Prof. Ying Xu
University of Georgia, USA
Ying Xu has been the "Regents and Georgia Research Alliance Eminent Scholar" Chair of bioinformatics and computational biology and Professor in Biochemistry and Molecular Biology Department since 2003, and was the Founding Director of the Institute of Bioinformatics, the University of Georgia (UGA). He received his Ph.D. degree in theoretical computer science from the University of Colorado at Boulder in 1991. He started his bioinformatics career in 1993 when he joined Oak Ridge National Lab. His current research interests are in cancer bioinformatics and systems biology, particularly in cancer metabolism. He has over 300 publications, including five books, with total citations more than 13,000 and H-Index = 62; and has given over 250 invited/contributed talks at conferences, research organizations and universities.
Prof. Tatsuya Akutsu
Kyoto University, Japan
Tatsuya Akutsu received B.Eng. and M.Eng. in Aeronautics and D.Eng. in Information Engineering from University of Tokyo, in 1984, 1986 and 1989, respectively. From 1989 to 1994, he was with Mechanical Engineering Laboratory. From 1994 to 1996, he was an Associate Professor in the Department of Computer Science at Gunma University. From 1996 to 2001, he was an Associate Professor in Human Genome Center, Institute of Medical Science, University of Tokyo. Since 2001, he has been a Professor in Bioinformatics Center, Institute for Chemical Research, Kyoto University. He is a fellow of Information Processing Society of Japan (IPSJ), and was an editor-in-chief of IPSJ Transactions on Bioinformatics for 2006-2009. His research interests include bioinformatics, complex networks, and dicrete algorithms.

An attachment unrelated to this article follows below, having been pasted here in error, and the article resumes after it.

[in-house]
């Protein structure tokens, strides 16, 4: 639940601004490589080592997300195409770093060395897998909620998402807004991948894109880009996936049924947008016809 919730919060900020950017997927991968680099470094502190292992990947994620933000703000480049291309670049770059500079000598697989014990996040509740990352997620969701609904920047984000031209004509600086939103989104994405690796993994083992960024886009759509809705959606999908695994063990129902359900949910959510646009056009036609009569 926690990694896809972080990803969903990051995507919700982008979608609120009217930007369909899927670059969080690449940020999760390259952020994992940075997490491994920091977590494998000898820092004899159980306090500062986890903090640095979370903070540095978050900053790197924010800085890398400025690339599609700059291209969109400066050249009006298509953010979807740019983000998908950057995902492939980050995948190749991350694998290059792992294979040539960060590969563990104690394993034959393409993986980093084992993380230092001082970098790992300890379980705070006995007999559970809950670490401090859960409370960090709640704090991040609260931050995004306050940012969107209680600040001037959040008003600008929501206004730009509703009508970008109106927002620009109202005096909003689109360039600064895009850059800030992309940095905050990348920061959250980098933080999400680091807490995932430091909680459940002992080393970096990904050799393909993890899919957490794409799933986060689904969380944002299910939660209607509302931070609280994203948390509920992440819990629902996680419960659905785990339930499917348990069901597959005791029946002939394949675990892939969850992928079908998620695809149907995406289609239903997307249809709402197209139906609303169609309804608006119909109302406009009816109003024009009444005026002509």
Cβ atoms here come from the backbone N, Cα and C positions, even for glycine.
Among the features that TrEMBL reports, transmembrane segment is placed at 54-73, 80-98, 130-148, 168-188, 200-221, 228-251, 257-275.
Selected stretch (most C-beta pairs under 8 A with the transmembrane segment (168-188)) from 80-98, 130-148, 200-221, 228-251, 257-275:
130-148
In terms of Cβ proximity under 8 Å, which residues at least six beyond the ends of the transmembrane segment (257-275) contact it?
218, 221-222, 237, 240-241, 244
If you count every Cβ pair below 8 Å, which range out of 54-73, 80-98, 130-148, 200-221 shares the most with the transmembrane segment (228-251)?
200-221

Speech Title: "Graph Theoretic Approaches to Analysis and Control of Biological Networks"
Abstract: Development of control theory for biological systems is one of major goals in systems biology and bioinformatics. Recently, several graph theoretic concepts have been utilized for finding driver nodes that can control the entire state of a network. In particular, maximum matching (MM), minimum dominating set (MDS), and feedback vertex set (FVS) have been widely utilized. In this talk, we briefly review and conceptually compare these approaches. Then, we present various extensions of the MDS-based method that have been developed by us. Although it is difficult to directly apply graph theoretic approaches to control of real biological systems. they are useful for finding important genes and proteins. Indeed, MDS has been applied to analysis of various kinds of biological networks by us and others, which include protein-protein interaction networks, drug-target protein network, non-coding RNA-protein network, and cancer metabolic network. We overview these applications too. This talk is based on joint work with Jose Nacher in Toho University.